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No Mistreatment Indicated of Pinky the Dolphin


(Hong Kong, 17 July 2013) Investigations conducted by the Agriculture, Fisheries and Conservation Department (AFCD) noted that there were no abnormality seen in any of the dolphins, including Pinky, and had concluded that there were no findings of mistreatment in the case of Pinky, a 14-year old female dolphin, whose habitual jumping behaviour was previously reported by local media. In light of the findings by the AFCD, the police have also closed its investigation.

A senior veterinarian and a senior veterinary officer from the AFCD separately visited Ocean Park’s Marine Mammal Breeding and Research Centre (MMBRC), which is where Pinky and other dolphins live, in order to make observations of her behaviour and physical condition, as well as to collect information from Pinky’s keepers and veterinarians. AFCD findings concluded that there was no basis for “suspected cruelty” to Pinky, based on the following observations:

1. Breaching (jumping behaviour) is a play behaviour generally seen in both wild and captive dolphins. On rare occasions, the dolphin might land close to the wall or the edge of the pool.
2. Pinky showed no obvious external wounds/abrasions on her body, tail and pectoral fins.
3. Pinky showed no signs of pain or discomfort as she swam freely.
4. Pinky’s living environment should not be a factor in her breaching behaviour as she is captive-born and well adapted to her human-care environment.

The report also noted that Pinky appeared to be more active and attached to humans than other dolphins, adding that her breaching behaviour has likely started at an early age as play behaviour, which subsequently has become a learnt attention-seeking behaviour. This is consistent with the understanding of Ocean Park’s zoological staff.

Ms. Suzanne Gendron, Executive Director, Zoological Operations and Education, said, “We welcome AFCD’s findings. Our dolphins play an indispensable role in connecting our guests with nature and raising conservation awareness for all of our visitors. The frequency of Pinky’s breaching behaviour has dropped significantly as she grew older, with the enrichment programme put in place by Ocean Park starting in 1999. The programme includes providing toys that stimulate the dolphins’ minds and bodies, as well as changing the social groupings, as would be experienced in the wild.”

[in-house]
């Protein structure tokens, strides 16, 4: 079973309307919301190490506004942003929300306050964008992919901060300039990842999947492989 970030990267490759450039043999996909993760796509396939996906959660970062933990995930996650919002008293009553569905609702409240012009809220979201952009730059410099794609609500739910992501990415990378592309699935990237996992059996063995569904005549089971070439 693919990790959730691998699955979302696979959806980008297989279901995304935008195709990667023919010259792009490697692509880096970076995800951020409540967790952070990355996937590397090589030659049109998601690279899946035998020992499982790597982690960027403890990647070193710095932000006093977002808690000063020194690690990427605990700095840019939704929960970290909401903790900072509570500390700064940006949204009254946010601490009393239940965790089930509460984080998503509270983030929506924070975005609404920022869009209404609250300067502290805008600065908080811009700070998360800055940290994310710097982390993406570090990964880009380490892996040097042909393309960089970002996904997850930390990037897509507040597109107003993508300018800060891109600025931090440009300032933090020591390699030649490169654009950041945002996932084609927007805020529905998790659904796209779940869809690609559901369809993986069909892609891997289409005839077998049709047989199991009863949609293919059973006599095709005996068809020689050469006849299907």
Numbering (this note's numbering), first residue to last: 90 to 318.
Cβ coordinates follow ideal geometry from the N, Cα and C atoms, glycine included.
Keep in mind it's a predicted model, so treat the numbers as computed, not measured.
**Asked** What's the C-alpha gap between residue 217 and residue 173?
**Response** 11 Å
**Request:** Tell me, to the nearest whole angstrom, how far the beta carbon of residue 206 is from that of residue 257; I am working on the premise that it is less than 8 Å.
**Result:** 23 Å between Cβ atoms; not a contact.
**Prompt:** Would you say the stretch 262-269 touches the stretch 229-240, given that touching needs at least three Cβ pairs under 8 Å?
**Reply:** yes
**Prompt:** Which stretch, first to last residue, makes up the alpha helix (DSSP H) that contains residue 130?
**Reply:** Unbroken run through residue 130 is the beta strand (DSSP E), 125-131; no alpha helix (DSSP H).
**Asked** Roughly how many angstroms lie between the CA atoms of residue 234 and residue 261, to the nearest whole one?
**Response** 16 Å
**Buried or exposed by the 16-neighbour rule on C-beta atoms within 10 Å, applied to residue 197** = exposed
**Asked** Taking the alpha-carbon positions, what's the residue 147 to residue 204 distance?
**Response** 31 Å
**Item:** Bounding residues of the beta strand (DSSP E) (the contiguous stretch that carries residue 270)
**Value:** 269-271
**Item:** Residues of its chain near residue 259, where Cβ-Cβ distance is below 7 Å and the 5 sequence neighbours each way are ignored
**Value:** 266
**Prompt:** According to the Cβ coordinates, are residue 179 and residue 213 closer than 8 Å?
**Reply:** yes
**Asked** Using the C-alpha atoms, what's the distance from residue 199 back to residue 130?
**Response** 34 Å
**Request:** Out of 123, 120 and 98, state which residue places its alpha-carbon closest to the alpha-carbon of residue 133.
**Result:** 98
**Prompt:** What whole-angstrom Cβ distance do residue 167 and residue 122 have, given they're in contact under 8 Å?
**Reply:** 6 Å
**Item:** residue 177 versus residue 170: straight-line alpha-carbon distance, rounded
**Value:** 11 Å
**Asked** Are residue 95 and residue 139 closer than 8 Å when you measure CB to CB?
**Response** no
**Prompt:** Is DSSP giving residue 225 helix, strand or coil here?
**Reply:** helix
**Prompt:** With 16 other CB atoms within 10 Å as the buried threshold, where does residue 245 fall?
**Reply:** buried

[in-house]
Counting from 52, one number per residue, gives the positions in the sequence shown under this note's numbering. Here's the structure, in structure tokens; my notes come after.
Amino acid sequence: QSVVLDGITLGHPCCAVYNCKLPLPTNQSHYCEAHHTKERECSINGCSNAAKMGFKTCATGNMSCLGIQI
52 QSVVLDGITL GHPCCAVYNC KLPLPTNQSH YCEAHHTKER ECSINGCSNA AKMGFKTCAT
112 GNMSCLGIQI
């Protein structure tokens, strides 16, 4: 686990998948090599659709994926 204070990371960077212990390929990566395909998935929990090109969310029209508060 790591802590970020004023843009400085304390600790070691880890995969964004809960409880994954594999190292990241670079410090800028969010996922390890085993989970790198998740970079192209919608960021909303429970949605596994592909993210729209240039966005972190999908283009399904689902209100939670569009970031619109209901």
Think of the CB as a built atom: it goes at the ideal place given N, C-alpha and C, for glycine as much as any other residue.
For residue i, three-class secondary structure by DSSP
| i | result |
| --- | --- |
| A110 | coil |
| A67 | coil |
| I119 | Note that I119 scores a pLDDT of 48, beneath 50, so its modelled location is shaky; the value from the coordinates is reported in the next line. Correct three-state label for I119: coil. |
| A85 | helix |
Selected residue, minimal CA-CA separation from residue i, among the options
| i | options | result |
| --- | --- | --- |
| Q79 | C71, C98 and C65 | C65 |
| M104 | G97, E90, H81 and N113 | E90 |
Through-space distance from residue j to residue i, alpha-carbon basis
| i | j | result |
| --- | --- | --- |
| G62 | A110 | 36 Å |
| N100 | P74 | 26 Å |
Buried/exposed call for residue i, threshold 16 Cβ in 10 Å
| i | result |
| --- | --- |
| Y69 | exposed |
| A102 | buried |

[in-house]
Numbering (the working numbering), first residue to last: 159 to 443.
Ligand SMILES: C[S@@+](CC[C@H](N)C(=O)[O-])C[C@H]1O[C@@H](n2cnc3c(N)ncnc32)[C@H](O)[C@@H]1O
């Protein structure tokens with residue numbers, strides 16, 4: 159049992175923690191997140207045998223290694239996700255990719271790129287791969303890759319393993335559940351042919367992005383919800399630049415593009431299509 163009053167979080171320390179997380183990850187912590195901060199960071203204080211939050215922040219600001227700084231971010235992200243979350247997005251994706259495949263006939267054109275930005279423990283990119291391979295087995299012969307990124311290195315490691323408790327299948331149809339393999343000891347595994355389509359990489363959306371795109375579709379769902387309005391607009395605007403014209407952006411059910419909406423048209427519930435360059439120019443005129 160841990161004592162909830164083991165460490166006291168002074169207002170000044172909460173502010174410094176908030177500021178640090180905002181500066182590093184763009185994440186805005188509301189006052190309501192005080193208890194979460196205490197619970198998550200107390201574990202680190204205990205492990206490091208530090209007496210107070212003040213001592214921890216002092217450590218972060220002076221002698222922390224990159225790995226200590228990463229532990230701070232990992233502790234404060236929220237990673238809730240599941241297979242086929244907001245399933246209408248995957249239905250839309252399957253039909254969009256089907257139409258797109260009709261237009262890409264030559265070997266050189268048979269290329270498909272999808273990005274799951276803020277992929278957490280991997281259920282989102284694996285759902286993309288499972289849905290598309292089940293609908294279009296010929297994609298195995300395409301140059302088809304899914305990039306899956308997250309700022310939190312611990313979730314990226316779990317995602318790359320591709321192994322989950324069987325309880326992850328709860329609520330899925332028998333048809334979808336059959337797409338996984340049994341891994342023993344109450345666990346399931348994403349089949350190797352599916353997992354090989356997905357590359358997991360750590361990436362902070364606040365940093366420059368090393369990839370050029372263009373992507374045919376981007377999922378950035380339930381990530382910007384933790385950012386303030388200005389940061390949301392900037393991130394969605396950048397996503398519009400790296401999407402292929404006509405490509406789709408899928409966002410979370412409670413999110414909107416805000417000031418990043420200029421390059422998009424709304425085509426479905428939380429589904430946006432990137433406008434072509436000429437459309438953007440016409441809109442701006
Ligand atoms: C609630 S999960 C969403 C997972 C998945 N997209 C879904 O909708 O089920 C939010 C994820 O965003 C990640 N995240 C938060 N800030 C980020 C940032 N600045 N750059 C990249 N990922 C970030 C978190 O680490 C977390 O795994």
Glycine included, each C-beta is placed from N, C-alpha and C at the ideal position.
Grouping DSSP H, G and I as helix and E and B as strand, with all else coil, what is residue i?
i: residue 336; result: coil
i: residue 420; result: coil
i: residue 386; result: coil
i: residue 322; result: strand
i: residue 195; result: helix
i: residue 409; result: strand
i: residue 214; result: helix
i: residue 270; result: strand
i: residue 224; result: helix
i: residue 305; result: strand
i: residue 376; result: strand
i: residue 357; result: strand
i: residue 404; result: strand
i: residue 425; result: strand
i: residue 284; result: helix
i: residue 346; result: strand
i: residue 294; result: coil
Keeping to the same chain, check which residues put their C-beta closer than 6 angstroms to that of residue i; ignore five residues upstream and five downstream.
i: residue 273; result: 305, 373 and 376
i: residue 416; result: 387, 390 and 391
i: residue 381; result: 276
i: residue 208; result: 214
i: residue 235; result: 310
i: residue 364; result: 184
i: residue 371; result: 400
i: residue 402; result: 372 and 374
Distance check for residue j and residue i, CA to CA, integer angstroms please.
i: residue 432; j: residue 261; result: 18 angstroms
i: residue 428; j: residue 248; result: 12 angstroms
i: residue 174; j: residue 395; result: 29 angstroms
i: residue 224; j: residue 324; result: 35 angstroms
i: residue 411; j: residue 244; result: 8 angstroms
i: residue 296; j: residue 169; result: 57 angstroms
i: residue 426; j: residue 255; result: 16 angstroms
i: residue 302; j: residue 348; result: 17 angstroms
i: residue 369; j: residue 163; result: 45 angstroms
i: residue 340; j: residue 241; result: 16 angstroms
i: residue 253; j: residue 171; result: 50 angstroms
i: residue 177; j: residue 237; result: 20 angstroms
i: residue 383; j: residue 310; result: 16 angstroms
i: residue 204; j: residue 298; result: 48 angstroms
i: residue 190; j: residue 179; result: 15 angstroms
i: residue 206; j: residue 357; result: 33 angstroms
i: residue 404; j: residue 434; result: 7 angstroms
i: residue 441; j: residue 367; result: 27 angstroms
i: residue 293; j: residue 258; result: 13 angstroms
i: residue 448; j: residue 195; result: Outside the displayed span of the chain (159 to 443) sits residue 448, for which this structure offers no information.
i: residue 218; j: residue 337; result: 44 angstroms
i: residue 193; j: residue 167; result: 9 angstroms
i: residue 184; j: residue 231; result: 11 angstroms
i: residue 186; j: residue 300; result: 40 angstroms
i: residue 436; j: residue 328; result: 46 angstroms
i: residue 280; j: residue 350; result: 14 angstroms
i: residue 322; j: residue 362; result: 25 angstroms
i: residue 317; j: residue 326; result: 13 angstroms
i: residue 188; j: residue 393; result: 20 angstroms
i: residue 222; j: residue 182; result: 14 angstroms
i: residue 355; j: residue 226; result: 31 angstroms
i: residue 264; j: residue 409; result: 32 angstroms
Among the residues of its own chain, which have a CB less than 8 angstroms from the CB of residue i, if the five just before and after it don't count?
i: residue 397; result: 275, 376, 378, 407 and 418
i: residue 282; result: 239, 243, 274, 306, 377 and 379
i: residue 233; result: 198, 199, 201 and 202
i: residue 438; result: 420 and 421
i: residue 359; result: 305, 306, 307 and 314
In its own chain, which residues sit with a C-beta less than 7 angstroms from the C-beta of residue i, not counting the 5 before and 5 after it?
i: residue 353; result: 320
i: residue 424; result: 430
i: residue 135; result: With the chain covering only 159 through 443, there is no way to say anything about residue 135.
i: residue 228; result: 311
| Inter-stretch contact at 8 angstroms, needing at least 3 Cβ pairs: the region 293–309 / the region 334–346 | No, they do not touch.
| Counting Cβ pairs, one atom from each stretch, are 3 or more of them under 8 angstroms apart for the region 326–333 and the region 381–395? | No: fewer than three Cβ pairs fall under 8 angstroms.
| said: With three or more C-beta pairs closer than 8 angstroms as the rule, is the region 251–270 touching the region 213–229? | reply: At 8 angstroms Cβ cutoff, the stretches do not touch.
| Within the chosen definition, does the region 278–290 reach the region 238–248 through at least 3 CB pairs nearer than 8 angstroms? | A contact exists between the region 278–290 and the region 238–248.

Dr. Robert L. Brownell, Jr., a Senior Scientist for International Protected Resources with NOAA Fisheries at the Southwest Fisheries Science Center in Pacific Grove, California, USA, said, “Ocean Park’s dolphins benefit from the Park’s well-equipped marine animal facilities and highly professional husbandry and veterinary care. The Park has actively kept me abreast of Pinky’s situation over the past few months, and I am pleased to say that Pinky is in safe hands, and is well taken care of by her dedicated staff.” Brownell also noted that “Pinky is an important part of Ocean Park’s efforts to captive breed her species at the facility, and is herself captive born and has had a calf at the Park.”

Ocean Park has a team of over 60 qualified and experienced husbandry and veterinary staff to care and provide for all of the Park’s marine mammals, with 29 staff solely dedicated to dolphins. The Park is also an active contributor in the community of zoological facilities through attending and hosting international conferences to exchange experience with peers on the care and husbandry of different animals, including dolphins. In April 2013, Ocean Park, the Alliance for Marine Mammal Parks and Aquarium (AMMPA), and the Association of Zoos & Aquariums (AZA) announced that the Ocean Park Corporation was granted accreditation by the respective organizations. AZA’s independent Accreditation Commission stated that Ocean Park’s accreditation was the result of meeting the highest standards in animal care and educational presentations. This was the third five-year accreditation that Ocean Park has secured from AZA, building on its status as the first and only facility outside the Americas to be awarded accreditation.

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